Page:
Unpopular opinion: You may not need a PPF account

By Larissa Fernand |  29-01-20 | 
 

Last year, I conducted a Twitter poll and was pleasantly surprised with the response. But the outcome took me aback. I was unaware as to how many did not have a Public Provident Fund (PPF) account. If you don't, I suggest you read How to get the best out of a PPF account.

ppf poll

I, for one, would always encourage individuals to open a PPF account. While I am still a big fan, my perception over the years has changed. Let me explain why.

The mistake I always made when I suggested PPF was simply viewing it as a great debt product which is high on safety and super tax benefits. Think about it, putting away money for 15 years with a guaranteed return that is tax free and risk free. Who would not want to opt for it?

But being a great product does not imply that it is a natural fit in any portfolio. Does it find a strategic place in your portfolio? Does it fit in with your financial plan?

Maybe it does…

A financial adviser told me that the equity allocation in his personal portfolio is done via systematic investment plans (SIPs) in equity mutual funds and direct purchases of stocks. Interestingly, when it comes to the debt allocation, he invests Rs 1,50,000 every April in PPF and the balance debt allocation will go either into debt funds or balanced funds.

In my case, the PPF is part of my overall debt allocation. I invest in non-convertible debentures, credit funds, fixed deposits and debt funds. The assuredness of return, the safety and longevity of PPF appeals to me.

A family member has a PPF account and so does her husband. They both contribute Rs 1,50,000 each, every year, into their own respective accounts. They have plans to extend it for the 5-year blocks on maturity, so eventually it will form part of their retirement kitty. This along with their EPF forms part of their debt allocation.

For some it does not…

A consultant told me that the PPF did not make sense for him from a practical standpoint. He was not assured of a monthly steady income, and so cash flow fluctuated. As a result, he was just not comfortable locking up money for an extremely long duration which could not be easily accessed.

Also, salaried individuals who are contributing to the Employee Provident Fund (EPF) and Voluntary Provident Fund (VPF), could bypass the PPF. For the EPF, a salaried individual will contribute 12% of his Basic + Dearness Allowance and the employer will match the contribution. The employee can also opt for VPF and top up the contribution to the provident fund, though the employer won’t match this. The returns too are marginally higher than PPF and the safety factor holds, as does the tax benefit.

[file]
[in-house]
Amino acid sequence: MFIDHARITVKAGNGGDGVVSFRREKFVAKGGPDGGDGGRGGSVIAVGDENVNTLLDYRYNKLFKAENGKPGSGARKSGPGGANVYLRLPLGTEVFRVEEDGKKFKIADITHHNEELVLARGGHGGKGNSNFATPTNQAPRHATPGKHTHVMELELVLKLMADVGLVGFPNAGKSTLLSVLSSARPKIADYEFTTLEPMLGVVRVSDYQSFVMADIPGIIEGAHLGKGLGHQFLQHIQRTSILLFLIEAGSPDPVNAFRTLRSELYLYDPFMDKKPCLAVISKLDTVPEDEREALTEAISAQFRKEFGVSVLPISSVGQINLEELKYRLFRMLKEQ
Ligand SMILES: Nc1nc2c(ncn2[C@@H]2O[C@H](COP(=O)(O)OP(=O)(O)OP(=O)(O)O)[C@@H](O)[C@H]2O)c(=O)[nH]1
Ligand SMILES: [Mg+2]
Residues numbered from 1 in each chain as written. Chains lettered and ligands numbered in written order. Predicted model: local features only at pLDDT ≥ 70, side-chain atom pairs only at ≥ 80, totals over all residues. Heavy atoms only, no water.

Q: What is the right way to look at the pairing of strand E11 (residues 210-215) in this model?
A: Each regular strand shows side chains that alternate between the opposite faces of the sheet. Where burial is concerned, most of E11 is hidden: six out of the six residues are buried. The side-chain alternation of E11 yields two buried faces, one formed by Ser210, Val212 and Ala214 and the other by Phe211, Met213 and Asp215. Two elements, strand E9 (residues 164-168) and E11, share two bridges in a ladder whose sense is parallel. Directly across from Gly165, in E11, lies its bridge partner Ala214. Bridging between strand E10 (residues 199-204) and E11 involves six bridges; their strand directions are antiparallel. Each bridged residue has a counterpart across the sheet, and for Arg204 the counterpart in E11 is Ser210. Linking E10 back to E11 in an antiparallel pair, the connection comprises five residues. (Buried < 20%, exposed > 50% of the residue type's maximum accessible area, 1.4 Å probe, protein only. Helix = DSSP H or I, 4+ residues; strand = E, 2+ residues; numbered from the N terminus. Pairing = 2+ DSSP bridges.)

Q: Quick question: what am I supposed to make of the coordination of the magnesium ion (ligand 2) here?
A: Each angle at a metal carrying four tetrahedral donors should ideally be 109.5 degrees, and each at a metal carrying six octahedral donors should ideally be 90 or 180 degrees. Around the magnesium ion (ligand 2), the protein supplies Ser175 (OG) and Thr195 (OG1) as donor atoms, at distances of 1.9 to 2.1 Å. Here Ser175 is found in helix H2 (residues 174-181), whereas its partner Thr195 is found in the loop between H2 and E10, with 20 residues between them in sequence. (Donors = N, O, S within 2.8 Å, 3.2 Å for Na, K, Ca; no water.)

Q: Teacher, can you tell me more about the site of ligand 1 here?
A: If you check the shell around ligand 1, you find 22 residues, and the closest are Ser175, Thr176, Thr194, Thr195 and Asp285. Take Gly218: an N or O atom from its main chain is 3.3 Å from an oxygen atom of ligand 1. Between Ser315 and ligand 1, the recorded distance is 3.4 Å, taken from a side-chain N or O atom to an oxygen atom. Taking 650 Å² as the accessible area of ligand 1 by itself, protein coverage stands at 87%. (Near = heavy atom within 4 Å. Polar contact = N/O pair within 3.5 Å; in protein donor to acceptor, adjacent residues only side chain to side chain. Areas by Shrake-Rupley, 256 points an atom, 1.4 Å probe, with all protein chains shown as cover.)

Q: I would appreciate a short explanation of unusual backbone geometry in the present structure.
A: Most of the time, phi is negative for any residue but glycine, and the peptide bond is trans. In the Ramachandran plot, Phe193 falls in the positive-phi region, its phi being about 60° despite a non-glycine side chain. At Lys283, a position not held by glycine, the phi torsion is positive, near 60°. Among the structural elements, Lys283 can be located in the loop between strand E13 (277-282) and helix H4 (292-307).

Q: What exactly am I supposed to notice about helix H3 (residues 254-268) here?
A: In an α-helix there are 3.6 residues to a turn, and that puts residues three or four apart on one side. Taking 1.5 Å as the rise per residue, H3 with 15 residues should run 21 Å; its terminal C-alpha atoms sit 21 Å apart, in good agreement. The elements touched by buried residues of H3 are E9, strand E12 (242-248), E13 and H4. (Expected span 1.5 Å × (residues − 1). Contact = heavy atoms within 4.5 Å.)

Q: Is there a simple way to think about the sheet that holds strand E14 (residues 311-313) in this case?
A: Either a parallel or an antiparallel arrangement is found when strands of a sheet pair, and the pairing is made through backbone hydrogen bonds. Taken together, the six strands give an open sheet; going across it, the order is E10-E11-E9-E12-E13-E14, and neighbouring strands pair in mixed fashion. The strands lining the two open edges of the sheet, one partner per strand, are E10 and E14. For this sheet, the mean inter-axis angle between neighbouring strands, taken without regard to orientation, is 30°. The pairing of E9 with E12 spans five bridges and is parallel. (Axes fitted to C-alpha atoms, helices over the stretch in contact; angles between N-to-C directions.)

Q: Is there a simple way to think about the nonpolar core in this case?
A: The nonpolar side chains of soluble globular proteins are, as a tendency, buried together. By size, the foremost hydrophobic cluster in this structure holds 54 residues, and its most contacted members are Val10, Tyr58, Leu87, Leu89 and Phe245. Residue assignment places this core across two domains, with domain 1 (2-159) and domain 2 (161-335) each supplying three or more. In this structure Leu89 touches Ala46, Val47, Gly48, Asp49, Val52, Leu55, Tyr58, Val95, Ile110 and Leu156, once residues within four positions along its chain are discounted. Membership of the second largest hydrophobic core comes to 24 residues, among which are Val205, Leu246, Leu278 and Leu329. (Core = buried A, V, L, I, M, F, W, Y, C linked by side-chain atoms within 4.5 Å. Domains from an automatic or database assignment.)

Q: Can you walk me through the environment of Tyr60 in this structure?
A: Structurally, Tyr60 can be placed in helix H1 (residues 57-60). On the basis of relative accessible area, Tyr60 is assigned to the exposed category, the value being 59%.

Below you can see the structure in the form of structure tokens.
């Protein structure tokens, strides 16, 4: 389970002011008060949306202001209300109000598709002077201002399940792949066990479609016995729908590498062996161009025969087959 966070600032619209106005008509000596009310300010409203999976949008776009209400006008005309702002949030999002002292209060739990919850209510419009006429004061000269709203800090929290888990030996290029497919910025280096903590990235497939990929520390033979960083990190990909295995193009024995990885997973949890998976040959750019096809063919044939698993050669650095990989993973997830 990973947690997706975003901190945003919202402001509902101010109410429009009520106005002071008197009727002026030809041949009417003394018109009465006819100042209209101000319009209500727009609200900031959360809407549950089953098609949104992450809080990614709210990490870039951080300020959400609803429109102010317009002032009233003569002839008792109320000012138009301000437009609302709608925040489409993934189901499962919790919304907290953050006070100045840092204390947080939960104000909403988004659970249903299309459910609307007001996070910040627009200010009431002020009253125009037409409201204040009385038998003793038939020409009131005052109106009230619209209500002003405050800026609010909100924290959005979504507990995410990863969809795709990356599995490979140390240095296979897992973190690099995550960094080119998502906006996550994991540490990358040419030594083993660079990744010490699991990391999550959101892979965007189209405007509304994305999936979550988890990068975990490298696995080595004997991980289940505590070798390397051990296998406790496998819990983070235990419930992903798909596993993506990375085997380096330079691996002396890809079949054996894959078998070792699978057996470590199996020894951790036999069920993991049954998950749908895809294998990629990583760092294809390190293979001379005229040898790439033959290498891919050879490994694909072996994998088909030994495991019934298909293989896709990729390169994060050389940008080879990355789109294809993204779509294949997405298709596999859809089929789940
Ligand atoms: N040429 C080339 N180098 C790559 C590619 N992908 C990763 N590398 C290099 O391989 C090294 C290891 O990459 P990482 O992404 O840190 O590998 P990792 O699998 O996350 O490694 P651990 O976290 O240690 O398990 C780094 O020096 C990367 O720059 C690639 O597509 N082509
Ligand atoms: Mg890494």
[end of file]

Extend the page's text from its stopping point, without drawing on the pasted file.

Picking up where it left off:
Some of my colleagues tell me that they cover Section 80C with life insurance premiums, child’s education fees, contribution to EPF, and investments in Equity Linked Savings Schemes (ELSS). They do not feel the need to own a PPF account to form part of the debt allocation of their portfolio. If that confused you, do read Tax Saving: Earn the right to invest.

Interestingly, one of them was not in favour of PPF. His portfolio was heavily tilted towards equity since he had decades to retirement. And since equity gives a much better return, why channelize the money to an investment with such a long lock-in period?

Very pertinent point.

Many find the PPF tenure to be agonizingly long, a 15-year investment with a 16-year lock-in. The first year is not taken into consideration when looking at the maturity of the account. The end of the financial year in which the deposit was made is what matters. So if you opened the account on July 15, 2000, the 15-year tenure will commence from end of FY2000-01 (March 31, 2001). That means, it would have matured on March 31, 2016.

He later came to realize that the lock-in was a blessing of sorts. It just kept silently growing with no effort on his part. Even if he was low on cash, he could deposit just Rs 500 per annum to keep it going. He invests in it now, not for its tax benefit, but for the stability and safety it offers.

There is no one size fits all when it comes to investing. As Deepak Khemani of Khemanis always says: "It is personal finance, personalize it."

Disclaimer: This tax-planning series formed part of the investor education and awareness initiative of Aditya Birla Sun Life Mutual Fund.

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